Cromer is a lovely seaside town on the north coast of Norfolk. One of the delightful things about the town is the way in which they have resisted the temptation to knock down and rebuild buildings once they have served their primary function. Examples of this are the Old Town Hall, now retail premises and the old hospital now a social club.
The Old Town Hall (left) and the Old Hospital (bottom right) together with the original , but amended, hospital sign on the front balcony (top right)
Cromer has some lovely churches as well
This site on the sea-front overlooking the pier is believed to have been the location of an unnamed hotel in early town records but in 1820 this was demolished and a summer retreat house was built for Lord Suffield. Suffield was MP for Great Yarmouth 1806-12 and for Shaftesbury in 1820 before taking his seat in the House of Lords following his brother’s death a year later. He was a strong advocate of the abolition of the slave trade.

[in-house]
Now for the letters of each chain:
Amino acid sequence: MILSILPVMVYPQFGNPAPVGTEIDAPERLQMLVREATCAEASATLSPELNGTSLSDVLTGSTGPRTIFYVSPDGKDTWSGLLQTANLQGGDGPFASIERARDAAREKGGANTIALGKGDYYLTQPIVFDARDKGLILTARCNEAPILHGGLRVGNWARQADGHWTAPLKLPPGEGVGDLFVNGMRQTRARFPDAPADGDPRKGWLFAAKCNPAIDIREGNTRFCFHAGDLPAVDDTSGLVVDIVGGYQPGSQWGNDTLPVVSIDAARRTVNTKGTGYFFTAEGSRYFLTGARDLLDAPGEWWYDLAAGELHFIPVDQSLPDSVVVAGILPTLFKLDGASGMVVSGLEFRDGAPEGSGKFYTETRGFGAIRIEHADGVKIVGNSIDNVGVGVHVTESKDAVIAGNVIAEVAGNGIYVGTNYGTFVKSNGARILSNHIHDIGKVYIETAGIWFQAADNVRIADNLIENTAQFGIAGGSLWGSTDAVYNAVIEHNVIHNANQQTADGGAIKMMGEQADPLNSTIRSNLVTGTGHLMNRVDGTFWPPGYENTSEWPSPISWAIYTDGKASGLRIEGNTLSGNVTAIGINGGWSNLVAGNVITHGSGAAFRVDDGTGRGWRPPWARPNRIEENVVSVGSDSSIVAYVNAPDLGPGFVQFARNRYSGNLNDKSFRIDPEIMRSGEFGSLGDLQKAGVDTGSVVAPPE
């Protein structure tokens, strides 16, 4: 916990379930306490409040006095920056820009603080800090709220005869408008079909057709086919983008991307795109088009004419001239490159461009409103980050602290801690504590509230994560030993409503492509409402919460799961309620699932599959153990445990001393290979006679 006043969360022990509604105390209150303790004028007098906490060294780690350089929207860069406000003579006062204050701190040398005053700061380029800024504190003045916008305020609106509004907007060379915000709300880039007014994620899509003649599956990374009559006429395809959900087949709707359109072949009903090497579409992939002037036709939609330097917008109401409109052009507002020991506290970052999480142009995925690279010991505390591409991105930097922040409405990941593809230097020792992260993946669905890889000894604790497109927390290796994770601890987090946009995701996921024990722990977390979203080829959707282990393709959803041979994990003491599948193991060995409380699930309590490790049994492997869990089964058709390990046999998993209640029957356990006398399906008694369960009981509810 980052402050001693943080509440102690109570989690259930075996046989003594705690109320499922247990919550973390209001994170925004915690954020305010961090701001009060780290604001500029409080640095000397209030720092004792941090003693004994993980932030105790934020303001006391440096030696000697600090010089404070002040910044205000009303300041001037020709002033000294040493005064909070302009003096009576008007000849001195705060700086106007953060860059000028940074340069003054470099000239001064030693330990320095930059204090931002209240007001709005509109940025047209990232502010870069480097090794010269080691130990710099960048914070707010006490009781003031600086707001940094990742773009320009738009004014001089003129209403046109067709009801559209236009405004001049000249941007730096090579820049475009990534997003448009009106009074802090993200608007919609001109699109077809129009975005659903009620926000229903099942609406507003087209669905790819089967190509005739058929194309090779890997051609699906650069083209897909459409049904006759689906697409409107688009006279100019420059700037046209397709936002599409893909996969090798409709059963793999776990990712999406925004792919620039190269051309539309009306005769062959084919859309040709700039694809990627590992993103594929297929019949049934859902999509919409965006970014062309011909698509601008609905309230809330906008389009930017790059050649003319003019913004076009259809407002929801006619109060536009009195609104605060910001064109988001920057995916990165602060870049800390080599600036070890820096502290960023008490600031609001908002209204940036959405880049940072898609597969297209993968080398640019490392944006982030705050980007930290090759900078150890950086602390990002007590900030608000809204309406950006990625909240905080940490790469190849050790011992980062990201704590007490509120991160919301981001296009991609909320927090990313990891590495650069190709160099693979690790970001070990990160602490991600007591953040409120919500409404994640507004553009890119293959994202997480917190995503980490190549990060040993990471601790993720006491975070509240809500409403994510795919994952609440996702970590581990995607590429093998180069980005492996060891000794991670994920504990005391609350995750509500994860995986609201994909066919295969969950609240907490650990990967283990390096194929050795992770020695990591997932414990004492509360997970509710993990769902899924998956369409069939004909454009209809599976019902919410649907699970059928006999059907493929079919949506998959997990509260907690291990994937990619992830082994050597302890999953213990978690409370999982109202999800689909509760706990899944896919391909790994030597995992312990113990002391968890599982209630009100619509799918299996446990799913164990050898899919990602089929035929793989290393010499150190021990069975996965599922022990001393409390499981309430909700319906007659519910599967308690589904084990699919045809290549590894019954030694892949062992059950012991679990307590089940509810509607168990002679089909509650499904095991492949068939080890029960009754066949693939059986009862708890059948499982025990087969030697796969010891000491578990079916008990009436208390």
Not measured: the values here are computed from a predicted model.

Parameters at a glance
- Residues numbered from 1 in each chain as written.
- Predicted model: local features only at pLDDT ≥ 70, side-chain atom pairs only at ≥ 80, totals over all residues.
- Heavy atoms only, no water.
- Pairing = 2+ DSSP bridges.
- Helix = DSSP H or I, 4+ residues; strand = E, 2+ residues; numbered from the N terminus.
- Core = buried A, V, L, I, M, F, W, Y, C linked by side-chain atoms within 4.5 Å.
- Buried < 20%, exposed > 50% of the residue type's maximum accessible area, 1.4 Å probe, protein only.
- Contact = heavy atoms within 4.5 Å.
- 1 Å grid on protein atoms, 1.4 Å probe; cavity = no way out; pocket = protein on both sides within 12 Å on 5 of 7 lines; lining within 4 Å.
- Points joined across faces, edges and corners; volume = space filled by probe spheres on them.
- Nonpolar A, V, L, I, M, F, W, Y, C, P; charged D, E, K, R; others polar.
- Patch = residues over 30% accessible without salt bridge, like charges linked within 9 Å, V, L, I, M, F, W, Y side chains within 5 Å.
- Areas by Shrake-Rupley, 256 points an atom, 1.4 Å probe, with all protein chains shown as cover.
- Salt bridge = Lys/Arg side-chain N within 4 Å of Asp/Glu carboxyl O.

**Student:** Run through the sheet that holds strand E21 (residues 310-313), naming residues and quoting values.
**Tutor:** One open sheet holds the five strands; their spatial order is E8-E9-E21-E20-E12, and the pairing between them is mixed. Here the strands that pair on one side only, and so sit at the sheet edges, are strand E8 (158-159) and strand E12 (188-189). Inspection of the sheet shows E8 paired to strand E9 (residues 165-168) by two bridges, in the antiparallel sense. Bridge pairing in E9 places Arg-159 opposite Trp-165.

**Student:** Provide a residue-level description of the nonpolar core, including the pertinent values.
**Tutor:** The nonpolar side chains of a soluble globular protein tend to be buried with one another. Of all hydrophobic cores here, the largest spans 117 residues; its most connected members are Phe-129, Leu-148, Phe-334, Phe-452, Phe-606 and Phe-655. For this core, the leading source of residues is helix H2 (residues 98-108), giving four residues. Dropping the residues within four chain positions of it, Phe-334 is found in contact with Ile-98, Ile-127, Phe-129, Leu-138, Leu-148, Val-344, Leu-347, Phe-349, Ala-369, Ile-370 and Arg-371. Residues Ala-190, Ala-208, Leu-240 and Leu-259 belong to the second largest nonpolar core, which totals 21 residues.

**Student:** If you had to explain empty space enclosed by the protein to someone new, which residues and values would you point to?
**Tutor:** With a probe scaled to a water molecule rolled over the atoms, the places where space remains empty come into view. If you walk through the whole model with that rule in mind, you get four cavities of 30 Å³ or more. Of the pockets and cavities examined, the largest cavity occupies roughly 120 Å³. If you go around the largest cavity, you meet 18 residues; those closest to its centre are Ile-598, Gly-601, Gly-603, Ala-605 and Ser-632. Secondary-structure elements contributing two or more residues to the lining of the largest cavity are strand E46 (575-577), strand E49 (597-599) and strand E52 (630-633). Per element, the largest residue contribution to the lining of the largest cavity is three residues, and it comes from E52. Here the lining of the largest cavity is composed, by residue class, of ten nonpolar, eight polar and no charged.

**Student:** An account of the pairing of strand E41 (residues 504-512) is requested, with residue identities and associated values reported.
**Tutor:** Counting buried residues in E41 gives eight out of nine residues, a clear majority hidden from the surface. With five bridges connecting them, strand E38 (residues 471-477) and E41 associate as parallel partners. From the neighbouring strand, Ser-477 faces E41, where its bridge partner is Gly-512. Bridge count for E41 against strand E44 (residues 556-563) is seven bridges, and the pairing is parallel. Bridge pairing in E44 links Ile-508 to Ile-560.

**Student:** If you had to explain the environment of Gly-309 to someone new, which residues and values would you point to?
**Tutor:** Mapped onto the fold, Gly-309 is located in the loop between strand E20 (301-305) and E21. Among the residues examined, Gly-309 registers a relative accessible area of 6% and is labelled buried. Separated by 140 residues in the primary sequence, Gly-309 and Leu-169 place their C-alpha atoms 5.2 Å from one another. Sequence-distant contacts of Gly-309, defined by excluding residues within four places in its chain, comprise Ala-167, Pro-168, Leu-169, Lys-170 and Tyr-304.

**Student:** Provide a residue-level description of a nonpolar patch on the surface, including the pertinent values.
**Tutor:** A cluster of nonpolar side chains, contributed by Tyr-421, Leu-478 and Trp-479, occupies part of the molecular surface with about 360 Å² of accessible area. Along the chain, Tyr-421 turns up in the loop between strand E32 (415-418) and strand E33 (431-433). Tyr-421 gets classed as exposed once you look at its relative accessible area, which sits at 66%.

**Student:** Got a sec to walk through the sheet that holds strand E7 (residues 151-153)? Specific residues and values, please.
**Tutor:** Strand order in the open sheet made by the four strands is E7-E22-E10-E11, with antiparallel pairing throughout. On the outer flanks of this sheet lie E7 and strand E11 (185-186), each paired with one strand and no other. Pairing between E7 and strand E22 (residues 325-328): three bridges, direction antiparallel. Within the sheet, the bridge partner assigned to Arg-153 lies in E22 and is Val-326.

However, his Cromer residence was only to last 10 years and in 1830 the house was put up for sale. The site was purchased by Pierre le Francoise. His parents, French aristocrats, had come to England to escape the French revolution. The hotel is listed in 1836 as ‘a boarding house’ but by 1845 had acquired the name ‘ Hotel de Paris’. Le Francois died in 1841, but the hotel continued to be run by his widow until she sold it to a local businessman, Henry Jarvis in 1845. He extended the original building by adding more accommodation.
In 1877 the railway came to Cromer and Henry’s son Alex decided to build a new hotel which would incorporate the original building but would also encompass neighbouring buildings including another hotel. The hotel remained in the Jarvis family until 1961.
And of course, Cromer has a lighthouse